Is a Better Job Brief Possible?
If you have studied human performance or read Incident Prevention magazine regularly in recent years, you know that human beings are affected by a variety of cognitive biases. And if you’ve been in the electric utility industry for even a short while, you know that the job brief is hailed as a key to a safe workday. Given the variability in the delivery of job briefs around the country, however, it sometimes is difficult to determine how effective they really are. This article will explore issues presented by some current job brief practices as well as identify behaviors to consider that will help make job briefs more effective on your work sites.
In the Beginning
When I was a young lineman, we did not have written job briefs, but there was almost always a plan written out for complicated work. The job usually went well when we had a crew leader with good communication and organizational skills. Assumptions and poor communication typically resulted in poor workflow. Then came the mandatory job brief, which today has become an integral part of our work practice.
Over the years, the written brief has gone through many iterations and upgrades in utilities and contractor companies across the country. Today’s briefs include various checklists for identifying hazards, work authorization permit numbers, the location of the nearest hospital and so forth. There is a signature page that all crew members must sign before they can begin work. Others can’t enter the work zone unless they sign the job brief. And when incidents occur, we also now use the briefs as a historical record during incident analysis and root cause identification.
But for all the work that has been done to improve job briefs, can you say for certain what constitutes a good one? Does a written brief with a long list of identified risks lead to safer work than a brief with a shorter list of risks? Does the fact that you read the list of hazards to your crew mean the crew is now safe from those risks?
We want everyone to be responsible for their own safety and to raise awareness of risk while performing tasks throughout a project. Unfortunately, when we sign a job brief, our brains may move on to other thoughts because signing the brief just made everyone safe, right? In reality, the act of signing the brief could be psychologically problematic. Your brain likes to shed load whenever possible. Often when you sign a document (e.g., a restaurant receipt or a contract), that signifies the end of something and allows you to move on to whatever is next. Could signing the job brief help us tuck away that day’s safety into a corner of our brain?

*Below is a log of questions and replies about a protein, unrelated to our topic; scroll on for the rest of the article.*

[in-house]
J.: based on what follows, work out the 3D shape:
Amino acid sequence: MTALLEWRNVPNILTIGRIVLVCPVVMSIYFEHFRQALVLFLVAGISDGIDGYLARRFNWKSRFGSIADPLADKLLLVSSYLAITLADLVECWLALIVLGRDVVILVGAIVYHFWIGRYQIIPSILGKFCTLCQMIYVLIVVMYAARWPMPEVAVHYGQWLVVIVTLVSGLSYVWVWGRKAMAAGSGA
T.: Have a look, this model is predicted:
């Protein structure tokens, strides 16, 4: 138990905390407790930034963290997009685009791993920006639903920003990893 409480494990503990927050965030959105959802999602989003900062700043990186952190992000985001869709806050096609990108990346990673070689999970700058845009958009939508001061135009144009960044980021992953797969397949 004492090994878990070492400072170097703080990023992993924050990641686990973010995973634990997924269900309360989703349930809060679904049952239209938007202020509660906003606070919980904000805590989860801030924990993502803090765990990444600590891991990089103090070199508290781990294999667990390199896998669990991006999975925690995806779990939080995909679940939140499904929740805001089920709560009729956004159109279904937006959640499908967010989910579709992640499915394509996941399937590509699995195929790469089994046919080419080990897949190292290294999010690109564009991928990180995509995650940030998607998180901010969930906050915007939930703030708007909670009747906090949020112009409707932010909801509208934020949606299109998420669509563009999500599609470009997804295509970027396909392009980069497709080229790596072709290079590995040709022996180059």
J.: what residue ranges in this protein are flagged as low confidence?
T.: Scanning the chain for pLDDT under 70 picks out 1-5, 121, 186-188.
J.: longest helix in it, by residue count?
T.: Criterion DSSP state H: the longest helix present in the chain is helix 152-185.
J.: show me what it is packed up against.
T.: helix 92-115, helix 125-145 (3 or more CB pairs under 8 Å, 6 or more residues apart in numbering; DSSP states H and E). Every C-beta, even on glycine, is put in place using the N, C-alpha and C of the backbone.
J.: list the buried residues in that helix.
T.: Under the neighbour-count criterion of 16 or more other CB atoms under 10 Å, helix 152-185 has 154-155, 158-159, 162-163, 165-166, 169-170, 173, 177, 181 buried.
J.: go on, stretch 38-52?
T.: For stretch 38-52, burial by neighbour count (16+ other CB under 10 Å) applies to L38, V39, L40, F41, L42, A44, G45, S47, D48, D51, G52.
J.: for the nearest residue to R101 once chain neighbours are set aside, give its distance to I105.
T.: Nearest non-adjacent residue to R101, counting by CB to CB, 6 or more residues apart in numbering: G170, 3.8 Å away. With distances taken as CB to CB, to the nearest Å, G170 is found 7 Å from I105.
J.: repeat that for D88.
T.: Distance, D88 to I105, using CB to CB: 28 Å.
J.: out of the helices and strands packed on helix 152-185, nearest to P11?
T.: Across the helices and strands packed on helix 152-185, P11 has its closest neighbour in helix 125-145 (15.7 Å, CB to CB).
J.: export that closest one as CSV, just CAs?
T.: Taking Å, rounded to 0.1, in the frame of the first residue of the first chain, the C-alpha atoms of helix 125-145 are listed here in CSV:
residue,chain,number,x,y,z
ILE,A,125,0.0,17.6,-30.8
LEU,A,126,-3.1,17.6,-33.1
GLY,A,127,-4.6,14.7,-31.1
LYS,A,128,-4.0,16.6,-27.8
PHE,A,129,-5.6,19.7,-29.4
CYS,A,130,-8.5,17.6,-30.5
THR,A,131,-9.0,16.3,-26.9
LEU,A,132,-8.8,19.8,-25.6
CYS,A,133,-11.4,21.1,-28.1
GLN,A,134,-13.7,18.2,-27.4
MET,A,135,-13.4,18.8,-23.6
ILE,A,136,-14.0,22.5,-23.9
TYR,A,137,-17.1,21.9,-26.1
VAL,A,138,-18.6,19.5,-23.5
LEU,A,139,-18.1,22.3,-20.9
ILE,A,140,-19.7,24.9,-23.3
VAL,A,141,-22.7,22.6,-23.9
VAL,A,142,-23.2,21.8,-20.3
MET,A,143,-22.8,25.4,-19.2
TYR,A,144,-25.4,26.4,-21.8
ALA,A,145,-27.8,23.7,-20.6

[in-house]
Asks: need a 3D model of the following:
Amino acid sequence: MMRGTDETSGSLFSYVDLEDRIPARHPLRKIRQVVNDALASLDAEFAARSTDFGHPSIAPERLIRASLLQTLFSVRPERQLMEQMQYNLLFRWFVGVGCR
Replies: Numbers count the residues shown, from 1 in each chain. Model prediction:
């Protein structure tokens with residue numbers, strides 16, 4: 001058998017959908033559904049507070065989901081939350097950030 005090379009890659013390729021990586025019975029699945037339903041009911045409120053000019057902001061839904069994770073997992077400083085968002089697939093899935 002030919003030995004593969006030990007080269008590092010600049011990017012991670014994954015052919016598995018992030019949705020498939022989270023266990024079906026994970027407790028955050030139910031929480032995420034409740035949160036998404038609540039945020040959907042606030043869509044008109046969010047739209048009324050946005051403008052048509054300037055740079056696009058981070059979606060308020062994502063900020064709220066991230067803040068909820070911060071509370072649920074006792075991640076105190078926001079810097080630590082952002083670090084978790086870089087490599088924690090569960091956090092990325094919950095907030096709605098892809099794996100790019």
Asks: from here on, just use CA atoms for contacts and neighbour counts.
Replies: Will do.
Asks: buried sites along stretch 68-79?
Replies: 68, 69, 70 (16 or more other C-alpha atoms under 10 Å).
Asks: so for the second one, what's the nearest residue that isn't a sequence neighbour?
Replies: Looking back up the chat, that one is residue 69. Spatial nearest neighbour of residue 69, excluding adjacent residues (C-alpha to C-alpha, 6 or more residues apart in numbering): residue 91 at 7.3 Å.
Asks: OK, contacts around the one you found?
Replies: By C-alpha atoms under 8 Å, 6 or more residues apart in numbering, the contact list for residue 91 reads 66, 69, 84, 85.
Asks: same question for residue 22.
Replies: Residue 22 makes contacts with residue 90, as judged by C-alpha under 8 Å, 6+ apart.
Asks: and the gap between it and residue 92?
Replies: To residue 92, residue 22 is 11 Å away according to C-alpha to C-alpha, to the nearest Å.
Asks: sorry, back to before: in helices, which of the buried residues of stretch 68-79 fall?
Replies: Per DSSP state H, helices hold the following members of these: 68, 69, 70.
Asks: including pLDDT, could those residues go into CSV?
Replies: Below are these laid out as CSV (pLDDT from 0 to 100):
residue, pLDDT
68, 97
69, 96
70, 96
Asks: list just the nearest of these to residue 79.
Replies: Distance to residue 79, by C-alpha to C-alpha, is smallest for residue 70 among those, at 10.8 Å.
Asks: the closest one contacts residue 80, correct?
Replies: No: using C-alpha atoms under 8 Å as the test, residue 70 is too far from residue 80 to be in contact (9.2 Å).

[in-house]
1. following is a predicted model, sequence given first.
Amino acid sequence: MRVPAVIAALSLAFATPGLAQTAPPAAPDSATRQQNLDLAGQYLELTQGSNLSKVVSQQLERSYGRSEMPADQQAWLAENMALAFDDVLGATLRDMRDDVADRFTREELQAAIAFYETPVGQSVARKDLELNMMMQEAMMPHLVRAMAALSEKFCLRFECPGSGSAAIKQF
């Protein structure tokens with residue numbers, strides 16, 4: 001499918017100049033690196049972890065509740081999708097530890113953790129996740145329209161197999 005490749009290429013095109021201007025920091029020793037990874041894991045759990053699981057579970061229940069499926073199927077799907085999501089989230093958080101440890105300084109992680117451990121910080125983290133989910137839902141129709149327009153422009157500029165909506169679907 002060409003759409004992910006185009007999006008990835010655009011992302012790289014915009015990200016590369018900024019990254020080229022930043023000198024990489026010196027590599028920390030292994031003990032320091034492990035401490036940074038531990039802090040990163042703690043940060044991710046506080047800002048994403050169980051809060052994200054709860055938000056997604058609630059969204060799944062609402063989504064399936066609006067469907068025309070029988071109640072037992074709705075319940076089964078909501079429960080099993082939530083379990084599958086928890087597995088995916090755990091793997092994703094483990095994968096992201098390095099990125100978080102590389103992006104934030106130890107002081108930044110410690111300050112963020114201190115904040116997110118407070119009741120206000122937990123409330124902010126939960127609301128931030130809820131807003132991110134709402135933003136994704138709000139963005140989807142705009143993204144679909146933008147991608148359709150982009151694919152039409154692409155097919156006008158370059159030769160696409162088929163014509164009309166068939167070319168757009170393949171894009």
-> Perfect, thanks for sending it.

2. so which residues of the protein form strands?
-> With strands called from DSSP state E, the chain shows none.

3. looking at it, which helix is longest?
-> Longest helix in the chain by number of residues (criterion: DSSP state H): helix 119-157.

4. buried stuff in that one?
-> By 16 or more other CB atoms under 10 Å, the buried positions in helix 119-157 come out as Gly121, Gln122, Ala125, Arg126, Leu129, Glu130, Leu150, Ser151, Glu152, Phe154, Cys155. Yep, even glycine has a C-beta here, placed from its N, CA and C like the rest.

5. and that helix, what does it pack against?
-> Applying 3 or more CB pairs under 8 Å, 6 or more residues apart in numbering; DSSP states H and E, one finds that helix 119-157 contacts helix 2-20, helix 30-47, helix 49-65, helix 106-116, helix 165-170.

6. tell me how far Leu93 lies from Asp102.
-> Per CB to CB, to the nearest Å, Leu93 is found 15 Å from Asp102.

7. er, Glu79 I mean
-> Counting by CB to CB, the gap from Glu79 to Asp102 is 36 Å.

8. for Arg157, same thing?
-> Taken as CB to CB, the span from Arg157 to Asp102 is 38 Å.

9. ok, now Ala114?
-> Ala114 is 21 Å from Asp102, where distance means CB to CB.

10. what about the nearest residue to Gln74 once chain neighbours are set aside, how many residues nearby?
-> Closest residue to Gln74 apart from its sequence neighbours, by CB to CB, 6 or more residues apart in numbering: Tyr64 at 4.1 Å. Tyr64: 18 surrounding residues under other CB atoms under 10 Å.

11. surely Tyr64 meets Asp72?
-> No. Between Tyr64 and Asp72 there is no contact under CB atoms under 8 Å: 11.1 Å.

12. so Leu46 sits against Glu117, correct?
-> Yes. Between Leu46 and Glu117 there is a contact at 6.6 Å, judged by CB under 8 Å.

Don’t get me wrong: The written job brief is a great reference tool and an opportunity to identify critical pathways in daily work. But it’s critical to keep in mind that humans are designed to identify and mitigate risk in real time. Also, consider this: The act of writing a list prior to the start of work – such as a list of hazards in a job brief – creates a memory that centers around the list that was created. There is psychological evidence that creating such a memory can interfere with our ability to gain additional insights during the workday.
It is optimal for us as workers – and for human beings in general – to recognize a threat or hazard in real time, relay that finding to those we are with and develop a strategy to mitigate the risk. There are very few times in real life when we try to write down all of the risk that we may face up front. Think about this: When you send your child out the door to go to school, do you have a written brief you read to them? Or perhaps a storm brief when you send them out in inclement weather so that they will be safer on their way to school? Do you compose a written brief before hiking, fishing, hunting or other family outings? Most people would answer no to all of these questions. Our brains have evolved to recognize and mitigate risk in real time. It’s how the human race has survived.